Schizophrenia and Marijuana: Trigger or Treatment?

Schizophrenia, a rare but serious mental illness, impairs the way you think, make decisions, and handle emotions.

There’s no single cause of the condition -- it’s a complicated disease that involves many factors. Genetics play a part. Viruses or poor nutrition before birth might as well. Issues with key brain chemicals can make you more likely to get the disease. Scientists also are continuing to study the role of drug use -- including marijuana -- in schizophrenia.

An Established Link

One analysis of several studies found that marijuana, also called cannabis, is one of the most commonly abused substances among people with schizophrenia. Young people with the condition, in particular, may abuse it more often than alcohol.

Researchers have puzzled over what that link means. Some say that people with schizophrenia may be more likely to use the drug because they’re looking for ways to ease their symptoms. But it’s unlikely that self-medication alone can explain the relationship between marijuana use and schizophrenia.

Pot and Psychosis

One thing that marijuana and schizophrenia have in common is psychosis. It isn’t a mental illness -- rather, it’s a symptom. When you have psychosis, your thoughts are disrupted in a way that makes it hard for you to tell what’s real and what’s not. You might see or hear things that aren’t there, or you might have strange thoughts that won’t go away. Psychosis is a symptom of schizophrenia.

Studies have found that when you’re high on marijuana, you can have psychotic symptoms. The effect goes away as the high wears off.

Scientists think the main ingredient in marijuana that causes psychotic symptoms is THC (delta-9-tetrahydrocannabinol).

The Schizophrenia Connection

The link between marijuana and psychosis goes beyond a short-lived high. If you already have schizophrenia and use the drug, your symptoms may get worse. You may have more psychotic episodes and spend more time in the hospital.

Researchers also have found that if you carry certain types of specific genes that affect brain chemistry, marijuana use can raise the chance you’ll have schizophrenia. One of those genes is called AKT1. Another is called COMT.

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Cannabis may cause schizophrenia symptoms to start earlier in life, too. Typically, men show signs of the disorder in their late teens to early 20s, and women in their late 20s to early 30s. Using marijuana may make symptoms show up as much as 3 years earlier.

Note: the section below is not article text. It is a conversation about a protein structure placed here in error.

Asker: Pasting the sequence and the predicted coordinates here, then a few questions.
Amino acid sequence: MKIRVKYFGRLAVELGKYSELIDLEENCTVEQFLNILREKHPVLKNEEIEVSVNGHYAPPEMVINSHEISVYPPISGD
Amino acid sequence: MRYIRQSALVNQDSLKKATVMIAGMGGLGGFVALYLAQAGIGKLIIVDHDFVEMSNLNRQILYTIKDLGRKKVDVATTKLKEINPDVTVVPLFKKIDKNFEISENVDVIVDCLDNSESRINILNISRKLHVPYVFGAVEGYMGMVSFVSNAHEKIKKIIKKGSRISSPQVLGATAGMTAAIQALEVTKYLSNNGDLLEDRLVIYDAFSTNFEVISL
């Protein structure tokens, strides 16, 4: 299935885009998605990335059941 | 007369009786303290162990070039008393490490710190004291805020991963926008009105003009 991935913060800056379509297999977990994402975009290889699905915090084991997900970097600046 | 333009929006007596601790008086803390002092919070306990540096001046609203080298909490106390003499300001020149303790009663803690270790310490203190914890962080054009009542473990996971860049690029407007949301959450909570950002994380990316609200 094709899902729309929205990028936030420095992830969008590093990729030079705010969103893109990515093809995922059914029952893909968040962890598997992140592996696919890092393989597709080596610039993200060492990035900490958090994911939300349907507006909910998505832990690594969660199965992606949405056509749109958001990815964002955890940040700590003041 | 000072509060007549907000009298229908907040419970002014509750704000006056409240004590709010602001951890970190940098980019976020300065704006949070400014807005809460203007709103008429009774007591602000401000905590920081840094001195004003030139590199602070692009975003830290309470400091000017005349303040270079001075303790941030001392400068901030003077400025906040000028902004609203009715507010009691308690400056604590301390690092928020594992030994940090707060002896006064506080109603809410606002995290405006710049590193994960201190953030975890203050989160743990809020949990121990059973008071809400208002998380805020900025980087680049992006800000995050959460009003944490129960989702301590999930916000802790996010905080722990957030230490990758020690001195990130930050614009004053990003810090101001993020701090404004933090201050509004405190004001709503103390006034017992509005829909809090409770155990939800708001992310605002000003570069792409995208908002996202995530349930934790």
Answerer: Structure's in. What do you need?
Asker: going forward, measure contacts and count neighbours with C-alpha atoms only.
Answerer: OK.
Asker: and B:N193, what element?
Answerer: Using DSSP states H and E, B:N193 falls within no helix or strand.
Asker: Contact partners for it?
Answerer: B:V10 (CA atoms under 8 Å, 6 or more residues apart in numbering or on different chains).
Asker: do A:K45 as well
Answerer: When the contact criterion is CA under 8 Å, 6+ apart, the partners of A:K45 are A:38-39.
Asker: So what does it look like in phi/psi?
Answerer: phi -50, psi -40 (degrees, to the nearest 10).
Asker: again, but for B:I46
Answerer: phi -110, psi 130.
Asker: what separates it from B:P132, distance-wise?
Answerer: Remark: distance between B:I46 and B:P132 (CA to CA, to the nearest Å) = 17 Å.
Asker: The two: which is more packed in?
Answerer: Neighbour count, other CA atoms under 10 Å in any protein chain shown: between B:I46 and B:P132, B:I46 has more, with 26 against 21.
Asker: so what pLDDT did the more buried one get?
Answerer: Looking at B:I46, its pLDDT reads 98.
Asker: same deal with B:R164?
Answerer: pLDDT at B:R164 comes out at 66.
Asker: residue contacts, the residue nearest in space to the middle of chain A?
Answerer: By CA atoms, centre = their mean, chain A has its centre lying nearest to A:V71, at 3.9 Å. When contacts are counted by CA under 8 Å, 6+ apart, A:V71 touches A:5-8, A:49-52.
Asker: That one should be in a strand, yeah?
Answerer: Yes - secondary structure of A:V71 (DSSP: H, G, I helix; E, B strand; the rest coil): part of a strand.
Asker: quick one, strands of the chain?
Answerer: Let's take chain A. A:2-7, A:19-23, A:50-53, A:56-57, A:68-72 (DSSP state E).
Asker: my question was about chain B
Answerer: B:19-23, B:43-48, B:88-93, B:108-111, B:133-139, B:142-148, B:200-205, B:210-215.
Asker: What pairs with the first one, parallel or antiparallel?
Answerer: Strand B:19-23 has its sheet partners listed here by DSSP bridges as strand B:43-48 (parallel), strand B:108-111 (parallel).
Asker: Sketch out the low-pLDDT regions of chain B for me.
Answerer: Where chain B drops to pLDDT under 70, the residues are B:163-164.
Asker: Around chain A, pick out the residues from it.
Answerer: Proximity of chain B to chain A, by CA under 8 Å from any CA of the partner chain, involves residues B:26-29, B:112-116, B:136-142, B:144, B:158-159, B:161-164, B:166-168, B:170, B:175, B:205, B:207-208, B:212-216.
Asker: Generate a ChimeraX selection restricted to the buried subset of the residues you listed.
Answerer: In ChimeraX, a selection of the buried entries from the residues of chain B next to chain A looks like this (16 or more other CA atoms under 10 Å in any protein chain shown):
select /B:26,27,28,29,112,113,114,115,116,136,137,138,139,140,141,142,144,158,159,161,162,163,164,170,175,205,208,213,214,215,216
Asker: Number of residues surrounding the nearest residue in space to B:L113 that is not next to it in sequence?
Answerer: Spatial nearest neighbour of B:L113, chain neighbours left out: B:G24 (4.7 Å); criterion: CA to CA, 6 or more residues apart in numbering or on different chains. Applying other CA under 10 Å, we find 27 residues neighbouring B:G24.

The age at which you start using marijuana also might make a difference. Earlier use, especially during the teen years, may mean a greater chance of having schizophrenia, perhaps because your brain is still developing during this time.

If you have a parent or sibling with schizophrenia, you already have a higher chance of getting the disease. Using cannabis can make your odds even worse, taking them from one in 10 to one in five.

A Therapeutic Effect?

Although the marijuana ingredient THC is thought to trigger psychosis, another component, cannabidiol (CBD), seems to fight it.

In one study, people with schizophrenia who were treated with CBD saw their symptoms improve and had fewer side effects than those who took traditional antipsychotic medications.

It’s important to note, though, that these people were treated with a medical product in a supervised, clinical setting. That’s not the same thing as smoking weed on your own at home.

What’s the Best Advice?

Although the exact nature of the marijuana-schizophrenia link is still murky, doctors know enough to offer some guidelines:

  • It’s wise for teens to avoid marijuana or delay using it until they are adults.
  • If you have schizophrenia, don’t use marijuana.
  • If you have a family history of schizophrenia or other psychotic illness, avoid marijuana.
  • If you are a caregiver for someone who has schizophrenia and uses marijuana, encourage them to quit.

WebMD Medical Reference Reviewed by Smitha Bhandari, MD on October 22, 2018

Sources

SOURCES:

National Alliance on Mental Illness: “Schizophrenia.”

Schizophrenia Bulletin, published online, April 22, 2009.

European Psychiatry, March 2000.

World Psychiatry, June 2008.

National Alliance on Mental Illness: “Early Psychosis and Psychosis.”

Frontiers in Psychiatry, 2014.

National Institute on Drug Abuse: “Is there a link between marijuana use and psychiatric disorders?”

World Psychiatry, June 2008.

Archives of General Psychiatry, June 2011.

Harvard Health Blog: “Teens who smoke pot at risk for later schizophrenia, psychosis.”

Translational Psychiatry, March 2012.

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